“What ends up in the news, such as this Madonna story, helps bring these issues into people’s consciousness and often leads them to volunteer,” said Amy Bannon, a placement officer for Volunteers for Peace, a nonprofit group in Vermont .Her organization offers more than 3,000 short-term voluntary service projects in over 100 countries — 10 a year in Malawi.

Link to questoverseas.com

Link to vfp.org

For those who are still asking this shows the location of Malawi:

Welcome Back Chloroquine


The drug chloroquine was for many years the standard for treating malaria because it is cheap, effective and safe. In 1993 doctors stopped using it in the African nation of Malawi because the malarial parasites carried by the mosquito developed resistance.

In recent years, researchers from the University of Maryland School of Medicine saw signs of genetic shifts in the parasite that suggested it might, once again, be vulnerable to chloroquine. They tested 105 malaria-infected children at a Malawian clinic and 99% were cured.Researcher Christopher Plowe said "We didn't expect to see this. I'm not aware of any case where a drug wasn't working clinically and was withdrawn and now is 100 percent effective again".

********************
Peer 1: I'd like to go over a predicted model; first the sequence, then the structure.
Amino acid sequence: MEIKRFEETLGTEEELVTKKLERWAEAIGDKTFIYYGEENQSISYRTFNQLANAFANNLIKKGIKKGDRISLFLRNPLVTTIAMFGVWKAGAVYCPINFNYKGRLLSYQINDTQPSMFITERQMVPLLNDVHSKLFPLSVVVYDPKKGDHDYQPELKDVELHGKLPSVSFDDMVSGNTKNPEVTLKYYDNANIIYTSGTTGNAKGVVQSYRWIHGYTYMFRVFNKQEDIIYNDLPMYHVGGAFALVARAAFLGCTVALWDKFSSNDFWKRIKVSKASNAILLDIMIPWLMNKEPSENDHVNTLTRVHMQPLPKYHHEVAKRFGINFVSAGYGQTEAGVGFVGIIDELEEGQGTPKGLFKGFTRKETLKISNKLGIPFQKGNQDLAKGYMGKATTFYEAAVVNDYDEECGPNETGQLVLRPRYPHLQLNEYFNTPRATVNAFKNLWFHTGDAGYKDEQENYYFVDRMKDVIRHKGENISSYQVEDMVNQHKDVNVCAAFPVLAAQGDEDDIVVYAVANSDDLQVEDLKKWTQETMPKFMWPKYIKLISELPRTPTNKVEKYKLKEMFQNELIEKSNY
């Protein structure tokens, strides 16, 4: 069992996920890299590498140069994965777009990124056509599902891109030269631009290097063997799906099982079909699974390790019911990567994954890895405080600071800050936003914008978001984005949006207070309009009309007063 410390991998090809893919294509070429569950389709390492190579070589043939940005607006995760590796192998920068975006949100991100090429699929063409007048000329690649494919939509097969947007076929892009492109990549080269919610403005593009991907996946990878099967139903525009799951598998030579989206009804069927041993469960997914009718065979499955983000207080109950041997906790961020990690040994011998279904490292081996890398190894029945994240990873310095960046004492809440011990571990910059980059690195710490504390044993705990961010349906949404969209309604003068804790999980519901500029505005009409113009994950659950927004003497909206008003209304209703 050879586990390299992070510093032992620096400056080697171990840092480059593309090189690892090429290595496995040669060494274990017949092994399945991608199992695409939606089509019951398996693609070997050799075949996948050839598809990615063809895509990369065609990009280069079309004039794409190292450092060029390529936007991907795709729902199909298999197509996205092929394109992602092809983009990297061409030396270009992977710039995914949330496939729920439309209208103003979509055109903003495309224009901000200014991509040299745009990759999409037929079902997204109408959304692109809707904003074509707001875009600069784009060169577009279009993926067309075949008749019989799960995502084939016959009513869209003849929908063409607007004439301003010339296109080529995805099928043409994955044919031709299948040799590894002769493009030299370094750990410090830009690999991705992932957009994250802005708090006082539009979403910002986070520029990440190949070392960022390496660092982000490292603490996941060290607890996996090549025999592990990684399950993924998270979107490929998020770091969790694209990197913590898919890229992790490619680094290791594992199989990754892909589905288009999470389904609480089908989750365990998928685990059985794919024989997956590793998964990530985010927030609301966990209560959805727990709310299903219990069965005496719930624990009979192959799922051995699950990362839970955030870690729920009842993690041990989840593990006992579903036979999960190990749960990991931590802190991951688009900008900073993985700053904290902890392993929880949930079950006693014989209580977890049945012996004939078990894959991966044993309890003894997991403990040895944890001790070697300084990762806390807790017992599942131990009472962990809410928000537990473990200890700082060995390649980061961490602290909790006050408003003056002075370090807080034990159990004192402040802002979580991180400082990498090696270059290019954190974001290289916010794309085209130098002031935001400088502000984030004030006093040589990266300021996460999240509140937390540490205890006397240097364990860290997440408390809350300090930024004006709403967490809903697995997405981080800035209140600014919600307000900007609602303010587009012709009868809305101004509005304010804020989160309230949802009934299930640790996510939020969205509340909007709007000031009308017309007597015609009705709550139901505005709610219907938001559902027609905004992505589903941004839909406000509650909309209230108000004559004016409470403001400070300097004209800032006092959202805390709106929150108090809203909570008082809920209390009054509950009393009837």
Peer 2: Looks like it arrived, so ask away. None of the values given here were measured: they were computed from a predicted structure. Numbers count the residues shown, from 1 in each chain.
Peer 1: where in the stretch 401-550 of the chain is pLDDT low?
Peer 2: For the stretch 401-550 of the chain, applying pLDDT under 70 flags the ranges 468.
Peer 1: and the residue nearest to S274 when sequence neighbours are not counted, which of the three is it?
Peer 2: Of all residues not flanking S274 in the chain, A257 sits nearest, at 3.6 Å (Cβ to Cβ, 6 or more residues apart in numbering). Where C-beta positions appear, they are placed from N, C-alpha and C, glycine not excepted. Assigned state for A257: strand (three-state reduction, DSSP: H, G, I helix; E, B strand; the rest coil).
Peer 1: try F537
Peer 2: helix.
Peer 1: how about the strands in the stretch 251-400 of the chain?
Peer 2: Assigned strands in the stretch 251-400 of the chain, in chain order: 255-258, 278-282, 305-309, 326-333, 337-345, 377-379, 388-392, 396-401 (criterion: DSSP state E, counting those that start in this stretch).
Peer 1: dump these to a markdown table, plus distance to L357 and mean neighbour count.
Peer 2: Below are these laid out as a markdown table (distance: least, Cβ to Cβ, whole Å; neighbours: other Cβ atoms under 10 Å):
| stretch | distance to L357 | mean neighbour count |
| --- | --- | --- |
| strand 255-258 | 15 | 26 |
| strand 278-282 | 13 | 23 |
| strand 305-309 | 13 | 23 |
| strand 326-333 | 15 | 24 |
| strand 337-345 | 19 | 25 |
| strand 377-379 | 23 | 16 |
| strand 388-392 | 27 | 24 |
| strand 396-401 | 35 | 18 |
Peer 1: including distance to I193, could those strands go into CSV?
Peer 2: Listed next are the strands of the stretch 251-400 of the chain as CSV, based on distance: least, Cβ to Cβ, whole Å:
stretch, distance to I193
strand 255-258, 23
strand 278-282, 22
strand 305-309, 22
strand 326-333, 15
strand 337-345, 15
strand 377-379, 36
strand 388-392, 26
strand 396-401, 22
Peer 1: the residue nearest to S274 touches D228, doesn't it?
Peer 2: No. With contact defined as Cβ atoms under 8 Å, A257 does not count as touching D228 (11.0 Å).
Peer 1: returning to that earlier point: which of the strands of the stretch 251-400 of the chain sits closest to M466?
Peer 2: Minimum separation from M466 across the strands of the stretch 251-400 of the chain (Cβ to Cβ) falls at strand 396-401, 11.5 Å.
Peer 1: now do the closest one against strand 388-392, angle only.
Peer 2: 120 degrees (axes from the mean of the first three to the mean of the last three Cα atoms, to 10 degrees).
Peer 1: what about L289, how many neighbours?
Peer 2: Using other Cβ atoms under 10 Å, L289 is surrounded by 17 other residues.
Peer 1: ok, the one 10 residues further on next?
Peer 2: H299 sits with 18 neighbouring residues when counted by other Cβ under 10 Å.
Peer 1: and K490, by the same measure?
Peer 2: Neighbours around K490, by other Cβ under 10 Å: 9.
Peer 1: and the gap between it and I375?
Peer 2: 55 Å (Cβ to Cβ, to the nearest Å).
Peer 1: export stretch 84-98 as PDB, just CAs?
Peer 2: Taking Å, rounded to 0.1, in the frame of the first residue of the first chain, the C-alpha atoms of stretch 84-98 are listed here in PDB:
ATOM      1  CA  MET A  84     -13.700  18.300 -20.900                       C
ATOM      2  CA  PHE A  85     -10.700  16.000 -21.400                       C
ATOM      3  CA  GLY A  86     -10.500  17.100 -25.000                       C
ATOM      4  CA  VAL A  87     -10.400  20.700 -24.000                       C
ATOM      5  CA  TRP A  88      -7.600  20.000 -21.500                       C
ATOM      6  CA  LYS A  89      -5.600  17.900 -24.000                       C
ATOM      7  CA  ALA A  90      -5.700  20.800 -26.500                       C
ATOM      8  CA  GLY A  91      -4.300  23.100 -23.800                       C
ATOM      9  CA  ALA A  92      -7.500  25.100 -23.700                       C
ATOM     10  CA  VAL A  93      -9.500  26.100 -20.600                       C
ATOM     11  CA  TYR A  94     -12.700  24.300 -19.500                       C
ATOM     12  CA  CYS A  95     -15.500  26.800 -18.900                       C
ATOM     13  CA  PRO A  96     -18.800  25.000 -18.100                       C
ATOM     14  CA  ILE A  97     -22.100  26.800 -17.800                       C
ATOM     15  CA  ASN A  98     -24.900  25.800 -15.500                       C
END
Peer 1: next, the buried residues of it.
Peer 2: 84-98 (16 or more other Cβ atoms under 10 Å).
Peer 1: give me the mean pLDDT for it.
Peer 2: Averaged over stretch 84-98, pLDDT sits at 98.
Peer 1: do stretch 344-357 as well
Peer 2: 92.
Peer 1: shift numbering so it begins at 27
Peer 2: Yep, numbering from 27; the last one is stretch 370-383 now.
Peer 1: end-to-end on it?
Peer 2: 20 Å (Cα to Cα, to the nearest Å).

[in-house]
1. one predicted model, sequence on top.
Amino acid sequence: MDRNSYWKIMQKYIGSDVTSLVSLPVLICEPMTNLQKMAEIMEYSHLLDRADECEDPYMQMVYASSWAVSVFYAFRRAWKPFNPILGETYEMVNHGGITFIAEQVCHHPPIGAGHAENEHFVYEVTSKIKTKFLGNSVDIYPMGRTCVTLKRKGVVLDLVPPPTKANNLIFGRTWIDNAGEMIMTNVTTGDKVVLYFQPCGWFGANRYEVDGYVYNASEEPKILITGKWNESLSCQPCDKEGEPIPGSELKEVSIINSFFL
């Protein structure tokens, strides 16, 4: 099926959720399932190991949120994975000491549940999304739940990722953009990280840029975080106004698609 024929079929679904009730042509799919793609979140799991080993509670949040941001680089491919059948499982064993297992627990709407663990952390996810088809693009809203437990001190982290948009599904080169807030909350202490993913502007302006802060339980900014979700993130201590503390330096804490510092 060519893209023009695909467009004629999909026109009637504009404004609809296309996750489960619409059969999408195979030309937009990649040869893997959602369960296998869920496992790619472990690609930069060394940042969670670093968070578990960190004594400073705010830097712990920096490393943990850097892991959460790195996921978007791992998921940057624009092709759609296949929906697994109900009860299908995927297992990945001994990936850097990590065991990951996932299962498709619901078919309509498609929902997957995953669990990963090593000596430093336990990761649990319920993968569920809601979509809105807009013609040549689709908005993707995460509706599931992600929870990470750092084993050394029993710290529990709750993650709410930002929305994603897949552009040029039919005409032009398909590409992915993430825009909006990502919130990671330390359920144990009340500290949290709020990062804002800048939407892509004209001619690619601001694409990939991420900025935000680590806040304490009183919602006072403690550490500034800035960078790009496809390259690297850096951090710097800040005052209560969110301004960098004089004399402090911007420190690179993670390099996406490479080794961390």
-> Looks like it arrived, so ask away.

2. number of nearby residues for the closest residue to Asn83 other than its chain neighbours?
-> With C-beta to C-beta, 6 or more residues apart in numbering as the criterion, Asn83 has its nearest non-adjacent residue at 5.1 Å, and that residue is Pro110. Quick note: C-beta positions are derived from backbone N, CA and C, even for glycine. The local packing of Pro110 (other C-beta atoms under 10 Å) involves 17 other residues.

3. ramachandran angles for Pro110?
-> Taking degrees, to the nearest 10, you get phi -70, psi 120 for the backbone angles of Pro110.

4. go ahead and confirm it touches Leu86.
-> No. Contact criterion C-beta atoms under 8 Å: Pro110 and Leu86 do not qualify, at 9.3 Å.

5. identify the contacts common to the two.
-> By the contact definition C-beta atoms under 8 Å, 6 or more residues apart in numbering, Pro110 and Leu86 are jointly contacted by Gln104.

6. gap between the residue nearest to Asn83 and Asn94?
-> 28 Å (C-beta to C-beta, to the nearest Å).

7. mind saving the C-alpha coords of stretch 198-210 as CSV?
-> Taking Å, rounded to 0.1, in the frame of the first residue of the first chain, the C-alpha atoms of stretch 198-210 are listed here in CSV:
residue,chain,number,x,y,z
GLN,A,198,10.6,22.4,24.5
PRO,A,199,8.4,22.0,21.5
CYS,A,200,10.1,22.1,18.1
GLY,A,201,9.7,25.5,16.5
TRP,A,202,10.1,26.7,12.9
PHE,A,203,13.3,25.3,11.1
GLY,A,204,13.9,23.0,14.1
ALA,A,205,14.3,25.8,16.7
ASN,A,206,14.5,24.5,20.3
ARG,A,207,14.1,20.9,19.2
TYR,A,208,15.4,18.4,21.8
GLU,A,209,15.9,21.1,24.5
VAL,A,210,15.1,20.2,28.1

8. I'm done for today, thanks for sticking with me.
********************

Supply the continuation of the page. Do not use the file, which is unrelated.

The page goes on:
Link to New England Journal of Medicine

Friday, November 17, 2006

Doctors Often Don't Talk Cost


Doctors Often Don't Talk Cost
or is it just --- Doctors don't often talk?

A research team led by Derjung Tarn of the University of California at Los Angeles looked at patient and doctor surveys and transcripts of 185 audio taped patent visits at two California health care systems.

The study published in he American Journal of Managed Care reports that doctors only discuss the cost of drugs about one-third of the time when they prescribe them to patients. They also failed to discuss refill, generic options and insurance coverage.

Link to American Journal of Managed Care

Are we prescribing HIV drugs properly?

This is the question raised by the New Scientist.(11 November 2006).